Further to my points in Fun with S&P 500 snakes and ladders, Lance Roberts offered similar evidence yesterday in You should never time the market? and the below chart of the real S&P 500 total return, over complete secular bull and bear cycles since 1900.
The time noted each cycle (dotted green horizontal lines), is the time it took for markets to recover their losses and return to prior, leverage soaked, secular peaks: 26, 29, 23 years, and the most recent– not yet finished cycle–16 years from 2000-2016. We won’t actually know how many more years full recovery will take in our present cycle, until we have bottomed once more in the next bear market and then counted the years thereafter that it takes to make back the year 2000 price peak. Who can afford to spend decades just waiting for their capital to make back losses–financially or emotionally? Working to 100 are we?
Lance offers the bottom line: “Markets spend about 95% of their time making up previous losses and the time lost getting there can’t be recovered.”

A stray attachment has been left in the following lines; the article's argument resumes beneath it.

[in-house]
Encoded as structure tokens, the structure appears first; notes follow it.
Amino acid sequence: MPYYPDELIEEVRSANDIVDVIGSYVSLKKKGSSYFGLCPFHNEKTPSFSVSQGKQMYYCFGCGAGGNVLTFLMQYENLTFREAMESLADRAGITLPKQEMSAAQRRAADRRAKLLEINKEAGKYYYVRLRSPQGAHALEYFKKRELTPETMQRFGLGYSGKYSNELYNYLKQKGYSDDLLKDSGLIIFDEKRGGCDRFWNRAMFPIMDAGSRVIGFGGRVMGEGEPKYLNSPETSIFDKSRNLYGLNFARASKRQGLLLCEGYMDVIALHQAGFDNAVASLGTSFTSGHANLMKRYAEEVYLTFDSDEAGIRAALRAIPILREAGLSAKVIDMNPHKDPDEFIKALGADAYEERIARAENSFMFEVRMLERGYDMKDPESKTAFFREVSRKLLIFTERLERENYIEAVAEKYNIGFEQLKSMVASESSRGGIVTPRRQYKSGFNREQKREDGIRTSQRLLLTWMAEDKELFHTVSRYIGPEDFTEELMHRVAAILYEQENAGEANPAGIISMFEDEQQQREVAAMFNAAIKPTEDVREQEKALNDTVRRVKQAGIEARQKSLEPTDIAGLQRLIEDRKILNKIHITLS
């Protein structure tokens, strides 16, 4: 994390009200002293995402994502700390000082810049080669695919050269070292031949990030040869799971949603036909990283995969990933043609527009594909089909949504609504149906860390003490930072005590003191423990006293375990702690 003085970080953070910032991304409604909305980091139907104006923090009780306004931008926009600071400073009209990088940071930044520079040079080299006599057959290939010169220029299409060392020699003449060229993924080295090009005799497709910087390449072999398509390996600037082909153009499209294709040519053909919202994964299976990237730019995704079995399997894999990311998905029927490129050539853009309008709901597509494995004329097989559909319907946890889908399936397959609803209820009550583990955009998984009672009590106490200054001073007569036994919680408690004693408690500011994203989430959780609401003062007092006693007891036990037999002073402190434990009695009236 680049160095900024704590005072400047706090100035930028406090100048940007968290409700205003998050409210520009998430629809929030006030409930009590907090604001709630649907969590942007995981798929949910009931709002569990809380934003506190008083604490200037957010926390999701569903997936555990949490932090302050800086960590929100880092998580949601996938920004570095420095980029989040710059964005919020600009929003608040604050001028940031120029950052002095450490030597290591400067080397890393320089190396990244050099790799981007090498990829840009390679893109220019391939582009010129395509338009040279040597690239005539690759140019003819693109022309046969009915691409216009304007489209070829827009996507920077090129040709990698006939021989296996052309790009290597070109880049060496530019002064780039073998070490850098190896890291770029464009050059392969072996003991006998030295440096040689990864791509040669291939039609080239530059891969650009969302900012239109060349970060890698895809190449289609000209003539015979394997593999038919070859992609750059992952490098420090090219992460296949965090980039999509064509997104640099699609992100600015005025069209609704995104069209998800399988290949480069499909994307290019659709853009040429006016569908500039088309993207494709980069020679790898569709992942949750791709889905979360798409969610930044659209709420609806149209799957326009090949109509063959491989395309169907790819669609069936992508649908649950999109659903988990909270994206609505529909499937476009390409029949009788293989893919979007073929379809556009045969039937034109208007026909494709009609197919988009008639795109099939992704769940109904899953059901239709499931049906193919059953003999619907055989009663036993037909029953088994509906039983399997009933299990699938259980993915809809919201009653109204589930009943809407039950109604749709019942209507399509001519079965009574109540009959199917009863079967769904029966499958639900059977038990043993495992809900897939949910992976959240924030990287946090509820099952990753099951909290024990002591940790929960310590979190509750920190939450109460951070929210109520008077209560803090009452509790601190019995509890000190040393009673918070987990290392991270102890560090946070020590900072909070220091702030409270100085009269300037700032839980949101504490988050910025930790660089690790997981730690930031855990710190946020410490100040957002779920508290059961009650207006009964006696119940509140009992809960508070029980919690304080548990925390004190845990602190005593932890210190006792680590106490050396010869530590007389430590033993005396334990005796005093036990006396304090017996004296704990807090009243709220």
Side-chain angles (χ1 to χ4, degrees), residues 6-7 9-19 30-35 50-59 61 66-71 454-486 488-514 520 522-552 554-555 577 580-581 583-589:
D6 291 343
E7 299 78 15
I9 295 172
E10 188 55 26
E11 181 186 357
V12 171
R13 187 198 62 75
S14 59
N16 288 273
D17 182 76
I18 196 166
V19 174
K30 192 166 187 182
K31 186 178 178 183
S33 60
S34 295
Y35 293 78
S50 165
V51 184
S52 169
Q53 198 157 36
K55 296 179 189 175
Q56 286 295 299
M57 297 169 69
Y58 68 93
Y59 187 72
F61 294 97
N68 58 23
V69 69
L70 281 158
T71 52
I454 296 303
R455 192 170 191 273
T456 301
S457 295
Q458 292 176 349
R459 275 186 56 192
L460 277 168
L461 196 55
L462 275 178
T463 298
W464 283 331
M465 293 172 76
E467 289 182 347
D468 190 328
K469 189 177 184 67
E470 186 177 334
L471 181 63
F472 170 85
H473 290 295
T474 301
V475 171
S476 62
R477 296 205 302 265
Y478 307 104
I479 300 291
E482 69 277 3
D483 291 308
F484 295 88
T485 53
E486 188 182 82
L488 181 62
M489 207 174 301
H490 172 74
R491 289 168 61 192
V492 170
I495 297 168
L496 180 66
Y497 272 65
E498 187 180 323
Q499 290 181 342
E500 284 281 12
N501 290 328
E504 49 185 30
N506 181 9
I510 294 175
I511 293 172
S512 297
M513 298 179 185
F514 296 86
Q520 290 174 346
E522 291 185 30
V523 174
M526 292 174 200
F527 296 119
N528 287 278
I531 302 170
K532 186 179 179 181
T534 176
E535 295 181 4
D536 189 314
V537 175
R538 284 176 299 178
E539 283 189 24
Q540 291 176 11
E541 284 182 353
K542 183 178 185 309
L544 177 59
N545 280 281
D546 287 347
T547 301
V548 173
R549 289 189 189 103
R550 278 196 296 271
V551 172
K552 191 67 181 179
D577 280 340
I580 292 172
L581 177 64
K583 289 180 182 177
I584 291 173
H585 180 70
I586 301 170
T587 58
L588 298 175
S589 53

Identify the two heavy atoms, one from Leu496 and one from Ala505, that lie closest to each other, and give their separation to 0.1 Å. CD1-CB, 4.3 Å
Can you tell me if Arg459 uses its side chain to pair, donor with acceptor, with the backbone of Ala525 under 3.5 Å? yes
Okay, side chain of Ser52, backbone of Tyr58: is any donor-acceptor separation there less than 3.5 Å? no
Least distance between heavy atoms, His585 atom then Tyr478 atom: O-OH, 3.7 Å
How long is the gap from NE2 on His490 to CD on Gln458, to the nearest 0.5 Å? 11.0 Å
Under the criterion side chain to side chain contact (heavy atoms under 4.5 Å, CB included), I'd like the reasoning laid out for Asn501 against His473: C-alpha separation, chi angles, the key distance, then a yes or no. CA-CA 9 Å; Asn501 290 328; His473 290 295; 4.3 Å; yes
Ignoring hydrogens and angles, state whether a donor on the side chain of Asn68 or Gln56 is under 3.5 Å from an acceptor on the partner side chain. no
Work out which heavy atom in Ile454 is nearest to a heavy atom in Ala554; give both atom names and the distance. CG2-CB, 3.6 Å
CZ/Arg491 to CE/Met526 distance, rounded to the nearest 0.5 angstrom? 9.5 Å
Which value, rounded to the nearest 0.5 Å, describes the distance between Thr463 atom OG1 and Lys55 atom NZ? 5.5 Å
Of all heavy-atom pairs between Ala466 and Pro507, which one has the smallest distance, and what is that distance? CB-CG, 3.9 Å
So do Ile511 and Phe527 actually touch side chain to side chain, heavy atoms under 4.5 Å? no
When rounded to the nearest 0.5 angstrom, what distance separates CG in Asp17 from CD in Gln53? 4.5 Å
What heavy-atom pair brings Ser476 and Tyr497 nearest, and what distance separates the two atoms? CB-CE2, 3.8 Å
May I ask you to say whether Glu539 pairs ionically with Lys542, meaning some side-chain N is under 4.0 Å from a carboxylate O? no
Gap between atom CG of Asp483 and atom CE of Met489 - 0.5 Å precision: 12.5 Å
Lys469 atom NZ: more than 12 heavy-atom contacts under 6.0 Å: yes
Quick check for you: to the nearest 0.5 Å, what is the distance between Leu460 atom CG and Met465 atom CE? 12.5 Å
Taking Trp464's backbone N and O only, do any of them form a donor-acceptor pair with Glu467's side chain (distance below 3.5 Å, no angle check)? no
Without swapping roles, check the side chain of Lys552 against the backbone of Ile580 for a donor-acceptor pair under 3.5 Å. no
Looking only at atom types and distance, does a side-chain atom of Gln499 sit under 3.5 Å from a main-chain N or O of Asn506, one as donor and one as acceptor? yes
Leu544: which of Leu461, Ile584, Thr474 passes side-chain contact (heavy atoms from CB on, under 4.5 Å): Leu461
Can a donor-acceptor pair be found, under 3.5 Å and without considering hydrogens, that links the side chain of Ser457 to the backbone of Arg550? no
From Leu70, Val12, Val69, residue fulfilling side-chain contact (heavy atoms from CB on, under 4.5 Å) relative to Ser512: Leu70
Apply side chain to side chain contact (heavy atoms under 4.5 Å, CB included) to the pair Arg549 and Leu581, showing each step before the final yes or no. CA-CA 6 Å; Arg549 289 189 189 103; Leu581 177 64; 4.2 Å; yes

MOREOVER, as I have explained, the above chart of total returns over previous secular cycles actually greatly overstates the real life experience of investors, because total return numbers assume no withdrawals are ever made for fees or taxes, pension distributions or ‘living on your dividend income’–no, total return numbers assume that every dividend is fully reinvested in more shares every single quarter, forever. No lump sums are ever assumed added near tops, and no panicked selling near bottoms.
In short, the above noted decade+ of zero returns are actually a best fantasy-case scenario from present levels. Buy and holders beware. Patiently preserving liquidity now, so as to be able to buy income producing assets at the next cyclical bottom clearance sale though? That will finally be ‘investing’ once more.